Clean Air Schemes are popping up all around the UK, with many already in operation and plenty more cities in the process of organising them. As such, drivers should be aware of how much it costs to use their car in each of these traffic-heavy zones, which vehicles are exempt from paying any charges and how to tackle a journey into a Clean Air scheme city without breaking the bank.
Our Clean Air scheme guide will help you determine whether scrapping your car in favour of a more fuel-efficient model with lower emissions could be the most cost-effective way of getting from A to B.
Which Cities Already Have Clean Air Schemes?
Some locations have established schemes, but do not yet enforce them:
Further towns, cities and boroughs have confirmed that they will be setting up Clean Air schemes, with some beginning in 2022 and many by 2026:
- Manchester – including the areas:
- Newcastle-Upon-Tyne – including the areas:
The Different Types of Clean Air Scheme
Some of the Clean Air schemes go by different names. At their core, they operate in the same way but can have slightly different restrictions or exemptions.
- ULEZ (Ultra Low Emission Zone)
- LEZ (Low Emission Zone)
- ZEZ (Zero Emission Zone)
- CAZ (Clean Air Zone)
The CAZ variety also contains ‘classes’ from A to D – find out more about the different types of clean air zones.
Minimum Emission Standards – What Are They?
EU regulations have impacted cars in the UK since 1992, with new vehicles needing to meet certain standards to keep down pollution levels.
- Euro 1 – registered from 1993
- Euro 2 – registered from 1997
- Euro 3 – registered from 2001
- Euro 4 – registered from 2006
- Euro 5 – registered from 2011
- Euro 6 – registered from 2015*
*Cars sold before September 2016 could still have a Euro 5 engine rating.
Van emission standards differ slightly from car regulations. Euro 1 began a year later, but due to the vast variety of sizes, Euro standards for vans are broken down further, into classes.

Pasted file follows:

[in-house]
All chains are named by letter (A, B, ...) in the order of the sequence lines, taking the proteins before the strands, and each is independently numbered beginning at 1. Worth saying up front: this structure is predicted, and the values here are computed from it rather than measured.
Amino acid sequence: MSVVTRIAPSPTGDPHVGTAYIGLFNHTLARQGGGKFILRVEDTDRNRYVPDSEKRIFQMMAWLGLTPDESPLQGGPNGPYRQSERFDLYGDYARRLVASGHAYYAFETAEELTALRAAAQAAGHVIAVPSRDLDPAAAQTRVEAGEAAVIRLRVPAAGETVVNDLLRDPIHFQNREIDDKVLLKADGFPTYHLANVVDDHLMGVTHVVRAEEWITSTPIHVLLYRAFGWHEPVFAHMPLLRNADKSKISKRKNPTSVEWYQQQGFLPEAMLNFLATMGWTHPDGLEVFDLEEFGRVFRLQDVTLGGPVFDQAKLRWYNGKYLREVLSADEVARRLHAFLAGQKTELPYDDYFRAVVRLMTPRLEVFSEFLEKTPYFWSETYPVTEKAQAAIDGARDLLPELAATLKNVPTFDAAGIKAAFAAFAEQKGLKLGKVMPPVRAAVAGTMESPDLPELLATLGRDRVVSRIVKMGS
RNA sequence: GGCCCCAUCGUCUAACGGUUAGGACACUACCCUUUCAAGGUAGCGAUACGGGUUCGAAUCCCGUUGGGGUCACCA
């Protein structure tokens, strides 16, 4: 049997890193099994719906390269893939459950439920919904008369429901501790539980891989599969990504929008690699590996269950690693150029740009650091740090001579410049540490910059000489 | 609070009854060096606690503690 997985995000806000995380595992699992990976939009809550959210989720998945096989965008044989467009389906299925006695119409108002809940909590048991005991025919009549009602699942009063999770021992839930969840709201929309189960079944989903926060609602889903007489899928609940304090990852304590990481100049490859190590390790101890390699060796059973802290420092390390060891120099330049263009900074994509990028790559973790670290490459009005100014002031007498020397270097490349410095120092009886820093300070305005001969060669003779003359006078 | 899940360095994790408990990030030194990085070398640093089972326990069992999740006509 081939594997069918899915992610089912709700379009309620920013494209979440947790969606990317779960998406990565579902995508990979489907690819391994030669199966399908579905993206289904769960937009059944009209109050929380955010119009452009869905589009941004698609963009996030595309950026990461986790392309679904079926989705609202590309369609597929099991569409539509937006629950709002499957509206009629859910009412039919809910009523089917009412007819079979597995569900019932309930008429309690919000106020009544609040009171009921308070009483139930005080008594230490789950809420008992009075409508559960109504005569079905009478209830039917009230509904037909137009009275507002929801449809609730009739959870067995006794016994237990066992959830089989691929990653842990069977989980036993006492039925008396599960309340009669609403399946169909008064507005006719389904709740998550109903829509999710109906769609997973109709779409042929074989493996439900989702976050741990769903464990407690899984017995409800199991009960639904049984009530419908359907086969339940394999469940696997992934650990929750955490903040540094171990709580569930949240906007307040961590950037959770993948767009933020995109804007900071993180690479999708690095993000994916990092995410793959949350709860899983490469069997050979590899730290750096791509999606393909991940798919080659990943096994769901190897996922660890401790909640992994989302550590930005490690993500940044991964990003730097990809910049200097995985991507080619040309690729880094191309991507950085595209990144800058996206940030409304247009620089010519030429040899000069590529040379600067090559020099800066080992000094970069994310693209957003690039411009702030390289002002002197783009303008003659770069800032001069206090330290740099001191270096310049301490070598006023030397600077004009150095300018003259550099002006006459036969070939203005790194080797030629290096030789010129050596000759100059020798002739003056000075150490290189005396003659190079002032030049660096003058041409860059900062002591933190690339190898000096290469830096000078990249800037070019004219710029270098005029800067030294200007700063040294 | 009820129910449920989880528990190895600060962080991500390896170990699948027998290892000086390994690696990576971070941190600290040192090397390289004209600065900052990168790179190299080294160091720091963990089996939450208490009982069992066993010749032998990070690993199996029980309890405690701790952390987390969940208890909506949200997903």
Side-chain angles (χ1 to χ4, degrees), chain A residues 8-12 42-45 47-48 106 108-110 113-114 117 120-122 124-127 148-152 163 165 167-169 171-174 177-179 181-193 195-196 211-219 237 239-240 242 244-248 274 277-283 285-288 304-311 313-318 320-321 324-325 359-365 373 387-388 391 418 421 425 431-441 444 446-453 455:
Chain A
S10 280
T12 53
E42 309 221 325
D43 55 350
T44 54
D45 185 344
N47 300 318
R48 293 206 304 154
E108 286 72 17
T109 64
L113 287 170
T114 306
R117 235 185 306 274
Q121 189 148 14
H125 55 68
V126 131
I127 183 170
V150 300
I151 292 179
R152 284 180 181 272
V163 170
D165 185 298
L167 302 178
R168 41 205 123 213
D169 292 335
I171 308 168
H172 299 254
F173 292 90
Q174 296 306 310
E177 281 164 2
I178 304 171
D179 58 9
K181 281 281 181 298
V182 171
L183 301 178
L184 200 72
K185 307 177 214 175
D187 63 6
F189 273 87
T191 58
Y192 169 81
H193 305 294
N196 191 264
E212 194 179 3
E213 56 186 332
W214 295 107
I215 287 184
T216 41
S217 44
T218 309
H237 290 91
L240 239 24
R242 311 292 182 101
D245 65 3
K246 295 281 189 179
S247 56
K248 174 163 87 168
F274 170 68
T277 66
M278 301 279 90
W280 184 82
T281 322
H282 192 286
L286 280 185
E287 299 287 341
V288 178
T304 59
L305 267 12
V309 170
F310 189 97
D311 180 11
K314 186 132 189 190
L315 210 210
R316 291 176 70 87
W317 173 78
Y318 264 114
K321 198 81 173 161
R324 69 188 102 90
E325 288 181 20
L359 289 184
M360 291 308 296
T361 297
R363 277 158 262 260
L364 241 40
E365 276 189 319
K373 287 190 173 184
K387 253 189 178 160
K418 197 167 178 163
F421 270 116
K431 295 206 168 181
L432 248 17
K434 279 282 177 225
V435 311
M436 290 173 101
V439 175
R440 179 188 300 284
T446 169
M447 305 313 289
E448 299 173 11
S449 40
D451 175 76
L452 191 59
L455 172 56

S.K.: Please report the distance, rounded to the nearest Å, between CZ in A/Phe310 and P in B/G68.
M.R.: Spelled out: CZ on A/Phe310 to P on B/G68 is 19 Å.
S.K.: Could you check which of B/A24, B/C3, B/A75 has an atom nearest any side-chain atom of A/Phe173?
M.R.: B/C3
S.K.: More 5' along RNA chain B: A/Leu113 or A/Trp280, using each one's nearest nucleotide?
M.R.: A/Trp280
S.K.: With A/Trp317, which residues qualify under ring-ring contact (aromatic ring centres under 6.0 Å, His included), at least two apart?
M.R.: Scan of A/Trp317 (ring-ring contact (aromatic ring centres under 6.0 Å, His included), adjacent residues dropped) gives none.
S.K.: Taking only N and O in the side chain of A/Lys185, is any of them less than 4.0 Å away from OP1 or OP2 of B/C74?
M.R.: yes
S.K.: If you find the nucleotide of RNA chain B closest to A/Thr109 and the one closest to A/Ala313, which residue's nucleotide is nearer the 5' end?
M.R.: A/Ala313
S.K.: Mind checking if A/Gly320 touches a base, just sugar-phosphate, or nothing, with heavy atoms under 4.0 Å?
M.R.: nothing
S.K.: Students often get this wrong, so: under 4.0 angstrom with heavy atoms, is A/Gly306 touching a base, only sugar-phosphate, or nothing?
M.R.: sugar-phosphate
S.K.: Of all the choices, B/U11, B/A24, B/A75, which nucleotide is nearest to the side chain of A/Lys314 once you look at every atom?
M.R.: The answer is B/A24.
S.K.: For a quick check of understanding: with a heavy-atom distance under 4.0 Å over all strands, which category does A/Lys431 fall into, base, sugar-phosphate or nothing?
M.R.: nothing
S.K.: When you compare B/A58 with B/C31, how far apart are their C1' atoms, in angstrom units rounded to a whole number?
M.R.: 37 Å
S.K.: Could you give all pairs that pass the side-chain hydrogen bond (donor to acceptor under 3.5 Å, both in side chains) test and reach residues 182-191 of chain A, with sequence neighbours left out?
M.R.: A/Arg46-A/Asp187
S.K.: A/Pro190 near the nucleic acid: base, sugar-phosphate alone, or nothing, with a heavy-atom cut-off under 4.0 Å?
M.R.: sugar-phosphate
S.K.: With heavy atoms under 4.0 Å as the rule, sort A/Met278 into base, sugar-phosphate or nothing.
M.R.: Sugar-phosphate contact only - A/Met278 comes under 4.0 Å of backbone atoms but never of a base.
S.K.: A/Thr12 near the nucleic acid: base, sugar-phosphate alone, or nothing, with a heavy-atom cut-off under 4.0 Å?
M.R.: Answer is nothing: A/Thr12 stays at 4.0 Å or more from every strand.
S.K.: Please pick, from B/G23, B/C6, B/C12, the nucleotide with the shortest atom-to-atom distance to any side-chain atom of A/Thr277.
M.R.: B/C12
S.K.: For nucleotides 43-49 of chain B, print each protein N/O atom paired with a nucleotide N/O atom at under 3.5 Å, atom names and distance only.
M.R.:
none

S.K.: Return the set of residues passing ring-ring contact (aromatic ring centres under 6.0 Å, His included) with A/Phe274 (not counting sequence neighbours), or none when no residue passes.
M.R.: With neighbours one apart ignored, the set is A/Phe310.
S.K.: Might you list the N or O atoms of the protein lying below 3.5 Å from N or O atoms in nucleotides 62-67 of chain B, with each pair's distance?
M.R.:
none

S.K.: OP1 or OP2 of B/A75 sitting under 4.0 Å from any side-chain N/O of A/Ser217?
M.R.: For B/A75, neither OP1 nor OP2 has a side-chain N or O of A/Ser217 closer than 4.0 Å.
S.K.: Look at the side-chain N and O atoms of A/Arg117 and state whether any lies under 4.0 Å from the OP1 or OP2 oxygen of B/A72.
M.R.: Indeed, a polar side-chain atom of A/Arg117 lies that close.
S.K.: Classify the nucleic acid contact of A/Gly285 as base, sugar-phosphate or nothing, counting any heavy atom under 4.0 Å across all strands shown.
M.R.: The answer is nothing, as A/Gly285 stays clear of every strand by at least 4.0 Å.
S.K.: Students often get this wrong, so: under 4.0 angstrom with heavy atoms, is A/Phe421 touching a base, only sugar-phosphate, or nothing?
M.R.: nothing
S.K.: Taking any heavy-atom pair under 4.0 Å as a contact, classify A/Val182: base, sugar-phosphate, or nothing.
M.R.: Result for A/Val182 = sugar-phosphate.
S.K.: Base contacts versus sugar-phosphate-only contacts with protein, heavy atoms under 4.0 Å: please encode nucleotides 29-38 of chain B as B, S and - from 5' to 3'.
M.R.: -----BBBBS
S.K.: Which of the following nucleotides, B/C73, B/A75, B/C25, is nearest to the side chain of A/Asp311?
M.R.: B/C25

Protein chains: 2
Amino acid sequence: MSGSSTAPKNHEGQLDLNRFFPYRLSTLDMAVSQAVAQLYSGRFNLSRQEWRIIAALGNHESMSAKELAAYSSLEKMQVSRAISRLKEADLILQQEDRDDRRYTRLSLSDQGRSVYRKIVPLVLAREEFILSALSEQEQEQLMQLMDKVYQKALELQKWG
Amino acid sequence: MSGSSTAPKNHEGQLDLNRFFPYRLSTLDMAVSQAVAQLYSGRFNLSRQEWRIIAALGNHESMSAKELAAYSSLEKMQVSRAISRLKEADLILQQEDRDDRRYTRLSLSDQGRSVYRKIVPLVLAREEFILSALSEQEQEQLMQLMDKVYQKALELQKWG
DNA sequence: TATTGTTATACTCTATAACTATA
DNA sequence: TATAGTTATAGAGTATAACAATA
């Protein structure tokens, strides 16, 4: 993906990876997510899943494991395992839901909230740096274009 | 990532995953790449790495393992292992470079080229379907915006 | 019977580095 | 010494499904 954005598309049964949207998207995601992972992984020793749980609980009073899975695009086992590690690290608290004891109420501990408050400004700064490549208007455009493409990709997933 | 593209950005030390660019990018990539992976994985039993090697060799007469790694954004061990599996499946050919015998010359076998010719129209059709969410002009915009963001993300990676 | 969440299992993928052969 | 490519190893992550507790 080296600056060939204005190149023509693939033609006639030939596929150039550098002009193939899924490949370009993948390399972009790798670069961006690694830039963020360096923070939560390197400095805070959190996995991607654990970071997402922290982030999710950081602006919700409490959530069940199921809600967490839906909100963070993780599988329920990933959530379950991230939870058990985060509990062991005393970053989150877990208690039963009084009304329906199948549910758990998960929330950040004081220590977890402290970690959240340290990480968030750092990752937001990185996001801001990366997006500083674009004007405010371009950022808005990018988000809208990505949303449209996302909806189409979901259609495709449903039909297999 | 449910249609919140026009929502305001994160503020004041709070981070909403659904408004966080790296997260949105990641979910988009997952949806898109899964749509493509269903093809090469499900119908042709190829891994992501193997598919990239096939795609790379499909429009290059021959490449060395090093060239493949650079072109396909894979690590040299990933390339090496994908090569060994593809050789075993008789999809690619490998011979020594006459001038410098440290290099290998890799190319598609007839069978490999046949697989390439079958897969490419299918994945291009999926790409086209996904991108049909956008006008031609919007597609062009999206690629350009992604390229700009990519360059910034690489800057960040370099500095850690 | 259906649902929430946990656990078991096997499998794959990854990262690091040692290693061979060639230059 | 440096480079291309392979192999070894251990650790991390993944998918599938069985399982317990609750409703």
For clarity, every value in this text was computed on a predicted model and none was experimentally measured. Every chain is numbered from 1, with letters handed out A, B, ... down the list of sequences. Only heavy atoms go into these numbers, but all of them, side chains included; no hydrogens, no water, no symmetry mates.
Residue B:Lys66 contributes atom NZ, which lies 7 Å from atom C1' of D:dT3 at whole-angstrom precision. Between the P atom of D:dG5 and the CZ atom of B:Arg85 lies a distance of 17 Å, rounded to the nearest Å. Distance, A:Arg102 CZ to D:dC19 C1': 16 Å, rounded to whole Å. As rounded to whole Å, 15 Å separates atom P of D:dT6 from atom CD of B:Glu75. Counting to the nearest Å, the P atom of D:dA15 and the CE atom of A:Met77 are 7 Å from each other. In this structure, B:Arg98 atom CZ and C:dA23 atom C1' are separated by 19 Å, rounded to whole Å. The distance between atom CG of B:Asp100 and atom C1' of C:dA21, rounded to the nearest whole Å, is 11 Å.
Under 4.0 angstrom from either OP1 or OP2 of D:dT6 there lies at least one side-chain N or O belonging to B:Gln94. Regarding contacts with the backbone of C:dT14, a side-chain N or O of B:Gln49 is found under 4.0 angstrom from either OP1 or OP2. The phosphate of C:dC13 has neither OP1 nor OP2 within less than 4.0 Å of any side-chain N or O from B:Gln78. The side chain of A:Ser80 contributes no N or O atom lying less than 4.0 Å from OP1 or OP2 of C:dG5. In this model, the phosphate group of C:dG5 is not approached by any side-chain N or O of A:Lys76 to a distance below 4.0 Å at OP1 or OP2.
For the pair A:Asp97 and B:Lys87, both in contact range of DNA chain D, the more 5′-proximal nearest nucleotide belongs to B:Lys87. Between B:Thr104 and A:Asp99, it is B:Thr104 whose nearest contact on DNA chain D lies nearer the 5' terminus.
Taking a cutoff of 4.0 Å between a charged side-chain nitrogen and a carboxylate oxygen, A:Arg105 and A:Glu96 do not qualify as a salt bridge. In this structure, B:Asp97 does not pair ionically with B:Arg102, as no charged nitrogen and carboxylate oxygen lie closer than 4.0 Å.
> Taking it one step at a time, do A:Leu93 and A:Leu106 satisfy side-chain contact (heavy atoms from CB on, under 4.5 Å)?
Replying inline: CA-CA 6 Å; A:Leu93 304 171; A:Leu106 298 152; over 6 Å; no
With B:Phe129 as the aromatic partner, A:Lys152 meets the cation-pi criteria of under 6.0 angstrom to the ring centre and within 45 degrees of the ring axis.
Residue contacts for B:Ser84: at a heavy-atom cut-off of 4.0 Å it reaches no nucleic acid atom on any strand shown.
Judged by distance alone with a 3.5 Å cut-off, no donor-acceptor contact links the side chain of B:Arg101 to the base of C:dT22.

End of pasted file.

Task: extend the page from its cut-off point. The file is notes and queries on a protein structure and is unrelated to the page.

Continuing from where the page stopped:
How Much Does It Cost to Enter a Clean Air Scheme Area?
If you have checked your car’s exemption status and found out that you need to pay, your next question will no doubt concern just how much you’re going to be charged. Like the regulations themselves, this differs for each Clean Air scheme area. These charges are typically under £10, but can increase to £12.50 per day (in London’s ULEZ, for example) and should you fail to pay, you’ll be faced with a fine – usually north of £100.
Which Vehicles Are Exempt?
Each Clean Air scheme area will have a slightly different list of exempt vehicle types, so it’s important to use our guide to check the zone in the location you’re travelling through.
Typical – but not nationwide – exemptions include:
- Historic vehicles
- Military vehicles
- Zero emission vehicles
Our complete guide to Clean Air schemes can clarify exactly which vehicles are exempt from charges in each chargeable zone. The guide also outlines refund procedures, should you believe you’ve been charged incorrectly.
How to Scrap Your Car and Get Financial Support to Lower Emissions
Sell your old, high-emission vehicle with Scrap Car Comparison and put the cash you earn towards an electric car which could make you eligible for government grants. Not only will you be doing your bit for the environment, but you could apply for funded home improvements including electric vehicle charging points.
For more information on government-supported changes that you can make to avoid paying Clean Air scheme charges, check out more of our guide.
Beat the Scrappage Schemes and scrap anytime with Scrap Car Comparison
While it may seem tempting to wait around on the off-chance that a scrappage scheme might be implemented in your area, you could find yourself out of pocket before long. Get ahead of the game with Scrap Car Comparison and use our industry-leading, no strings attached service.
Scrapping or Paying – What’s Better In the Long Run?
This boils down to personal preference and financial circumstances. If you’re simply commuting to a city centre office, you’ll potentially save thousands of pounds by not driving and you could even make a hefty profit on your car by selling it with Scrap Car Comparison.
Those daily payments will add up. In 2021, there were 255 ‘working days’ – if you headed into any of the most expensive cities for each of them, that’s £3,187.50 a year!
If you’ve made your mind up and want to scrap your car in favour of something cheaper and more environmentally friendly, Scrap Car Comparison can get you the best price for it. One of our scrap buyers, with bases nationwide, will even collect your car at no extra cost. So, find out how much your car could be worth using our scrap value calculator and sell it today with Scrap Car Comparison!